The Philosophical Institution of Marriage

December 17, 2011 by NG1988  
Published in Marriage

A view on the institution of marriage.

            Ever since I was a little girl my mother and grandmother especially always talked of, “when you get married,” and “when you grow up you’ll marry a doctor or a lawyer”. Getting married has always been something everyone in my family, as I’m sure it is for most people, has aspired to. Of my blood relatives over the age of 18, 74% of us are married. I’ve always felt as though it’s simply what we’re meant to do. I never thought of marriage being a contractual agreement binding one to another and prohibiting certain actions of that person through an act of ownership.

            The four restrictive principles outlined by Rachels in “The Right Thing to Do,” (247-249) make marriage seem more reflective of a business deal rather than a union of two individuals made through mutual love. The first principle surrounds the requirement “to enter a formal contractual relation,” (247) in which individuals agree to conditions made out by the contractors and agree that dissolution of the marriage may only be proceeded through the legal system (247). The second, third and fourth principles all pertain to the monogamous marriage in which a marriage must only involve two individuals; one may only have one marriage unless the previous marriage was dissolved by a legal divorce or the death of a spouse and that while in a marriage all sexual relations outside the union are prohibited (248).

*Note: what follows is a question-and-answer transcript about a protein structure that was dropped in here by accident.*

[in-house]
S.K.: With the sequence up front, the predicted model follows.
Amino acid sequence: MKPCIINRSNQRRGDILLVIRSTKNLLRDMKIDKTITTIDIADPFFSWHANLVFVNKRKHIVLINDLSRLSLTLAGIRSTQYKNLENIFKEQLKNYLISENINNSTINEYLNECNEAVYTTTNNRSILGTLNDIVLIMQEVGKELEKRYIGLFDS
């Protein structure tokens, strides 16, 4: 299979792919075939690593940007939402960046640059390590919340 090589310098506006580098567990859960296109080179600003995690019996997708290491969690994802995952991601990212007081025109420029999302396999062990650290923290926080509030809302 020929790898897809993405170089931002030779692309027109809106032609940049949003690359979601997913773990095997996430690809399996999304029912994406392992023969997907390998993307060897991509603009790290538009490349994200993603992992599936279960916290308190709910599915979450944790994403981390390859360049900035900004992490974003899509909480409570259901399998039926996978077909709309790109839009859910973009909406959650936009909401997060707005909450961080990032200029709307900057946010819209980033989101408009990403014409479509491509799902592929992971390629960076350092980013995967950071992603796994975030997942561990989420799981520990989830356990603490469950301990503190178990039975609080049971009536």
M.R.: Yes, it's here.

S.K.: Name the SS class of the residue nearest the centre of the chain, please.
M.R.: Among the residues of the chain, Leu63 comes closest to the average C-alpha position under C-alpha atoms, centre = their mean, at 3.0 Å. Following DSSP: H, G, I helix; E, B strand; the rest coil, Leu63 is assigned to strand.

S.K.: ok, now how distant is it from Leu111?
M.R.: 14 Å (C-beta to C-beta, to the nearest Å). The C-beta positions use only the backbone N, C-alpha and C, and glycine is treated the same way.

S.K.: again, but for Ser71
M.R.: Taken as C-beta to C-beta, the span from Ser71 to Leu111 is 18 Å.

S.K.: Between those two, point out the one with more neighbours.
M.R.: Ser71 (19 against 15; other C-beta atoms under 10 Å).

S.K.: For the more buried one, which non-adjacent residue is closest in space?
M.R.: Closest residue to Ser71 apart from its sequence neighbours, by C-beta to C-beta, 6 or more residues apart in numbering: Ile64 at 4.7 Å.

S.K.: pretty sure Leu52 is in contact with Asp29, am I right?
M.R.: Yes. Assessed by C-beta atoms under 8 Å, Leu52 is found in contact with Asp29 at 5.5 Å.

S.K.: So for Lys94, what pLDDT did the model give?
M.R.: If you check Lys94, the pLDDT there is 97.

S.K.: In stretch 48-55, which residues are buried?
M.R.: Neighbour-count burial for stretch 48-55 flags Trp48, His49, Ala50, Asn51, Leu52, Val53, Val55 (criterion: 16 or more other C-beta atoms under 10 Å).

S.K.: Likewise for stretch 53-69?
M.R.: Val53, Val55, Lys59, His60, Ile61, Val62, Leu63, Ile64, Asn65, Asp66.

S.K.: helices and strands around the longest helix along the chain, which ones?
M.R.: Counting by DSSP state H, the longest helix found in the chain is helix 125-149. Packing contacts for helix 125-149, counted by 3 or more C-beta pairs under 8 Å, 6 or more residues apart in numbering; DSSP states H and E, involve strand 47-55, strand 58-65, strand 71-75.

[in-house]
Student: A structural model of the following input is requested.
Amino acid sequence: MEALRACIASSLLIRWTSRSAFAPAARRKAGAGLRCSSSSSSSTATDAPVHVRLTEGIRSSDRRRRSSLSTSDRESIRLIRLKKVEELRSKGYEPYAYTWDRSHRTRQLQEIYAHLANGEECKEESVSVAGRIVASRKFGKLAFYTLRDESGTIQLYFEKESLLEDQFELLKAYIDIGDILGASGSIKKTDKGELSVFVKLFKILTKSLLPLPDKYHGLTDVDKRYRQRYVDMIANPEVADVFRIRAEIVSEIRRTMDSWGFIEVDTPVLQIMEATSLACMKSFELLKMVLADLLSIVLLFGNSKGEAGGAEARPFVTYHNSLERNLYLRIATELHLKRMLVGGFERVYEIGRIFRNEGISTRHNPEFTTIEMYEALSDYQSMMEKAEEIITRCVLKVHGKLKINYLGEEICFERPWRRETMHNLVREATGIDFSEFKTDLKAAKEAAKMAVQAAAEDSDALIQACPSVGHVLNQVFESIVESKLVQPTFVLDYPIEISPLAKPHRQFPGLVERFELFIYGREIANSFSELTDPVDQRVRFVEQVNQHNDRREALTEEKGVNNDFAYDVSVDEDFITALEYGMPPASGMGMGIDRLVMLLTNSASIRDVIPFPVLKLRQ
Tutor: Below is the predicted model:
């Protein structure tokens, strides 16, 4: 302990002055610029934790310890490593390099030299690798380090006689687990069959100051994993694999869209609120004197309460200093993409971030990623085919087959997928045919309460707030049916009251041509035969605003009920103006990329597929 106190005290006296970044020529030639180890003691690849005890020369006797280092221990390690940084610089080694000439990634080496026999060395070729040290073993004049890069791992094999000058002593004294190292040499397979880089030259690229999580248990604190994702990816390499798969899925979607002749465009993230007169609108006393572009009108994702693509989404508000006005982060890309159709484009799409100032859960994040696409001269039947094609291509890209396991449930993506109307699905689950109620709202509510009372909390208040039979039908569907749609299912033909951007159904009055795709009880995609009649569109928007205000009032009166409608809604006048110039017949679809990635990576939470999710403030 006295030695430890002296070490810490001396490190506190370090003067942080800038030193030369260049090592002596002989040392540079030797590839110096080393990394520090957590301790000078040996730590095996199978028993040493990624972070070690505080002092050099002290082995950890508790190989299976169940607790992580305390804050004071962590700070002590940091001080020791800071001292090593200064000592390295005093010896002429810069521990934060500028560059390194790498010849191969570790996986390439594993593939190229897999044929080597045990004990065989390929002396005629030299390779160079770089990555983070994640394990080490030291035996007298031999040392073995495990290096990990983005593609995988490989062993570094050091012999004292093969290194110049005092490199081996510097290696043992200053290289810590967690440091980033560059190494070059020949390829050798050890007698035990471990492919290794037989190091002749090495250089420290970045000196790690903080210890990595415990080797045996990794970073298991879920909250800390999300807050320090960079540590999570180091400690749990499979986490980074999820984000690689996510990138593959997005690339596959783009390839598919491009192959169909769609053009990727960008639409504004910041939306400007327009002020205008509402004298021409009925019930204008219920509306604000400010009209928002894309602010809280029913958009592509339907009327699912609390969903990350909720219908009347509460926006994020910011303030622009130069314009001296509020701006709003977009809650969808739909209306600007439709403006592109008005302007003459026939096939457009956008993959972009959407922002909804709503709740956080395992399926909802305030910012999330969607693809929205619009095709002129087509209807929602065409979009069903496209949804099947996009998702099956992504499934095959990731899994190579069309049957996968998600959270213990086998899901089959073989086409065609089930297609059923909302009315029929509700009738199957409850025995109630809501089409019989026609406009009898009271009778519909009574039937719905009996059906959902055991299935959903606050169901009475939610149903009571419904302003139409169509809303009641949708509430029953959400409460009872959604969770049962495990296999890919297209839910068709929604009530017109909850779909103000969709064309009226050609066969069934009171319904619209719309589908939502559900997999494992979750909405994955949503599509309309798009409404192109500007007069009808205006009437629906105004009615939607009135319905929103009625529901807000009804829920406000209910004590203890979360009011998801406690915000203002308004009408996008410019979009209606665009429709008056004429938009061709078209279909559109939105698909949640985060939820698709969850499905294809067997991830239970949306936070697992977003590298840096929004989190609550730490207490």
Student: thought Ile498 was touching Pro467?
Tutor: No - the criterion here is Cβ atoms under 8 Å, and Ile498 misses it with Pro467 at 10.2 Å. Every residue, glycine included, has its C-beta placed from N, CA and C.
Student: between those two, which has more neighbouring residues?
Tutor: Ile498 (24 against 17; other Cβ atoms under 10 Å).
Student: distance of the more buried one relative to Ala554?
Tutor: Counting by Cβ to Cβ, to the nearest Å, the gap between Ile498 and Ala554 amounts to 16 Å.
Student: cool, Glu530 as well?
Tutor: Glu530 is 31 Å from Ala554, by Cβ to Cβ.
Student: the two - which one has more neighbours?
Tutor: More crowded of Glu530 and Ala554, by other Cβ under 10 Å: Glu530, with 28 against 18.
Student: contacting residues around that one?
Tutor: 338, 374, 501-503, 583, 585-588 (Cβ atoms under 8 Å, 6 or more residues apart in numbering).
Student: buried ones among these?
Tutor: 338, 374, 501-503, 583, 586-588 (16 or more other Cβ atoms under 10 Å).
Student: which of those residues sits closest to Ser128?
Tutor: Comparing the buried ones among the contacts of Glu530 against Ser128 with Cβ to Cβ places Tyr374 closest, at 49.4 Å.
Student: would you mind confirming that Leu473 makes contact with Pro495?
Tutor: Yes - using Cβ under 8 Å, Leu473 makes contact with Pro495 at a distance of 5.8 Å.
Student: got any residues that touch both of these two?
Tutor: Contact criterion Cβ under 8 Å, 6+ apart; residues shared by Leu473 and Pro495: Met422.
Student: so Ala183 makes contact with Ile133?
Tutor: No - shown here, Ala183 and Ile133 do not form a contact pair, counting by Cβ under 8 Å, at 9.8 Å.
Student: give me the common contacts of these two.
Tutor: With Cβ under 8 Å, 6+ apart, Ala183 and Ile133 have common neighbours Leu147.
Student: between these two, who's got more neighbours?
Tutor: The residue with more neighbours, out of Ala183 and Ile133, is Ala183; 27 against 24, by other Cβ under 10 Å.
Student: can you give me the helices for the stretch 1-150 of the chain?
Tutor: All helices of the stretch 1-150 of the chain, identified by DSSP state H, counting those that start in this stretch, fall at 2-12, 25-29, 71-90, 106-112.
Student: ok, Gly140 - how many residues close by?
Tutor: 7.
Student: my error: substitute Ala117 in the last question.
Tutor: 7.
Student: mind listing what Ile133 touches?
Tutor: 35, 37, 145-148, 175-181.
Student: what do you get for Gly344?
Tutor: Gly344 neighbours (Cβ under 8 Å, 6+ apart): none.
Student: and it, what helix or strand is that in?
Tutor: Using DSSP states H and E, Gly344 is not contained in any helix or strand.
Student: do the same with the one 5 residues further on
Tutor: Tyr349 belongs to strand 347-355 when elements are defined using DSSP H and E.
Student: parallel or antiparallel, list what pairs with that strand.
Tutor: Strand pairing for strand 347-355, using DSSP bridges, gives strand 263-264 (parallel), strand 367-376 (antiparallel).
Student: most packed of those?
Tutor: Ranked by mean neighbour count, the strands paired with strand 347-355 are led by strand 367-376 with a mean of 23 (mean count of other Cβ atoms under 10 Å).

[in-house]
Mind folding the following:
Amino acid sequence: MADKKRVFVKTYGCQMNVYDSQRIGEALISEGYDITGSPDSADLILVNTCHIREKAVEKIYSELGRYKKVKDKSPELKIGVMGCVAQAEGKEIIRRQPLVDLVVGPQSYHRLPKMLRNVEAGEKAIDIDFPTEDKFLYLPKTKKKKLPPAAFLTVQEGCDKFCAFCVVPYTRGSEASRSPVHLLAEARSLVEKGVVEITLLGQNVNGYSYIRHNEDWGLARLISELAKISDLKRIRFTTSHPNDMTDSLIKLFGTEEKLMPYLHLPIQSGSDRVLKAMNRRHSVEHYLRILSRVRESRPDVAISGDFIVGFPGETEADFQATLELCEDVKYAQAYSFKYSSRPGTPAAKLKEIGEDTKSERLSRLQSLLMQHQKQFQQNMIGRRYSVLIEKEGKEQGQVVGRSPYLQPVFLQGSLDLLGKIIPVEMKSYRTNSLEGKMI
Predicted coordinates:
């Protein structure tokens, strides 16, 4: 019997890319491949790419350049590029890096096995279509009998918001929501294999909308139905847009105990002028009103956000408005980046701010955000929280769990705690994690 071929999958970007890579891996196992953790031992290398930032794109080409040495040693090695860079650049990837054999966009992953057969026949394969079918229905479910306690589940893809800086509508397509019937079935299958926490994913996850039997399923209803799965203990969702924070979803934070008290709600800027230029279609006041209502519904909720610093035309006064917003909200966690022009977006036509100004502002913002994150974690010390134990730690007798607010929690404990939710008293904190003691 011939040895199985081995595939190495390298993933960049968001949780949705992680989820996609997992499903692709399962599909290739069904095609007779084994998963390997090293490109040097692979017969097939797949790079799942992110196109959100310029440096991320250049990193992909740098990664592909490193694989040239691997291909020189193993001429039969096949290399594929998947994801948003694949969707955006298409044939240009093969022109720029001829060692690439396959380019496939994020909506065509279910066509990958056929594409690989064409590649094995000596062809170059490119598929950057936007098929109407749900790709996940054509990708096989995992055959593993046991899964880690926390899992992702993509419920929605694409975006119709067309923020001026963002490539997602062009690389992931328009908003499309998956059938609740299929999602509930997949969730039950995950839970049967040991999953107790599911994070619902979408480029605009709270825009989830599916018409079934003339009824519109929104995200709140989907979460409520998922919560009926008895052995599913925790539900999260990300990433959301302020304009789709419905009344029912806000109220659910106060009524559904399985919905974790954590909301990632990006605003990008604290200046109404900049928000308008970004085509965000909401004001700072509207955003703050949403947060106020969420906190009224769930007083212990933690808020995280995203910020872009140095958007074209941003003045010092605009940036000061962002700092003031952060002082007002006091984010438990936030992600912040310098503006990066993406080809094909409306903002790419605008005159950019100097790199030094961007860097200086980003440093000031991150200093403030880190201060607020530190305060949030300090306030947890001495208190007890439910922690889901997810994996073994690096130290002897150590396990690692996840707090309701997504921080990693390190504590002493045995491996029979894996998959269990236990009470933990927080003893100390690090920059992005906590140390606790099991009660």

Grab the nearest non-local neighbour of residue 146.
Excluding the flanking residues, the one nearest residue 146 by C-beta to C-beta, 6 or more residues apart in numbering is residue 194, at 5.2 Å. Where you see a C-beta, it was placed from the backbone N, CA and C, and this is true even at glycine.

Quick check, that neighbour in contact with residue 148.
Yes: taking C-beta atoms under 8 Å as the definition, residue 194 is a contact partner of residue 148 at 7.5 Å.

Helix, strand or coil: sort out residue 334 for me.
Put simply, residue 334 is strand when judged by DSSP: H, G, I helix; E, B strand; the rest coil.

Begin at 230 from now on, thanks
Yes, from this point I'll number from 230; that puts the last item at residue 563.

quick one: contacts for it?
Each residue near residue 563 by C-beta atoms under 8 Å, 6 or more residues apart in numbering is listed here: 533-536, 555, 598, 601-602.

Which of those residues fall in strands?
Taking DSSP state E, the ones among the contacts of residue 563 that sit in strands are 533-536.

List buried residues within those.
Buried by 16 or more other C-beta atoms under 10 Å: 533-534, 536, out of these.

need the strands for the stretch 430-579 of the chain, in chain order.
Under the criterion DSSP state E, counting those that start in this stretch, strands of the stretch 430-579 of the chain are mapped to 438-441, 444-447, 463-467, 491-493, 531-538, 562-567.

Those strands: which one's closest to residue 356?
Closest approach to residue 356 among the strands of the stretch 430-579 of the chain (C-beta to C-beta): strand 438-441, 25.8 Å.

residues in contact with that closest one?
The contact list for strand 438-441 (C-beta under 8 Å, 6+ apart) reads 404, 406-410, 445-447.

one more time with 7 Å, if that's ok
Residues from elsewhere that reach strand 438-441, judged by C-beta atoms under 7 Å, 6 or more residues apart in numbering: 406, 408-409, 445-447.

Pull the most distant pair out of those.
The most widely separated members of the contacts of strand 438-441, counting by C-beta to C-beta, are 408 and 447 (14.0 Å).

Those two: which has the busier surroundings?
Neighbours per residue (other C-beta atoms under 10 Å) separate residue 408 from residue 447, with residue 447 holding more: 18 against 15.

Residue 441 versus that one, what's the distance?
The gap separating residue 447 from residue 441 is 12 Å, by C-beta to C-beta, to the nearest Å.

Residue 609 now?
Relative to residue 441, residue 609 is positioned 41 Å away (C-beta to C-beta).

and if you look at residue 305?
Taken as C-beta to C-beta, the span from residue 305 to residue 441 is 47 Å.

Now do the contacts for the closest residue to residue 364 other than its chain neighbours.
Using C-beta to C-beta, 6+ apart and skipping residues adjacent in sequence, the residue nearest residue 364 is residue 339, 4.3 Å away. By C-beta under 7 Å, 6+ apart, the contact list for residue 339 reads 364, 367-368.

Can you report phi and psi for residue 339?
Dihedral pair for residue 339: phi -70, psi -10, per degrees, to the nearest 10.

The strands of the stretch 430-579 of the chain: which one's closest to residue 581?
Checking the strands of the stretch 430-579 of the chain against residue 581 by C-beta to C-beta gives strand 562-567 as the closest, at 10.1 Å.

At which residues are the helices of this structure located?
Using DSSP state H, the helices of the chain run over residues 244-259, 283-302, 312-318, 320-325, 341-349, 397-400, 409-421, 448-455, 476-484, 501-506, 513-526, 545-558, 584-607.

Although I personally agree with the institution of marriage and all the obligations and prohibitions that go along with it, I can see how such an institution would not suit all persons at all times. I have known people to be in steady relationships with one individual but also engage in other relations at the same time and that seems to be working for them. I’ve also heard of polygamous marriages that are very successful (ever seen “Sister Wives”?). It is my opinion that marriage might not be an institution in which all persons fit the mold. Polygamy wouldn’t be suited for me just as monogamy wouldn’t be suited for a polygamist.


Rachels, James. The Right Thing To Do: Basic Readings in Moral Philosophy. New York, NY: McGraw-Hill. 2010. Print.

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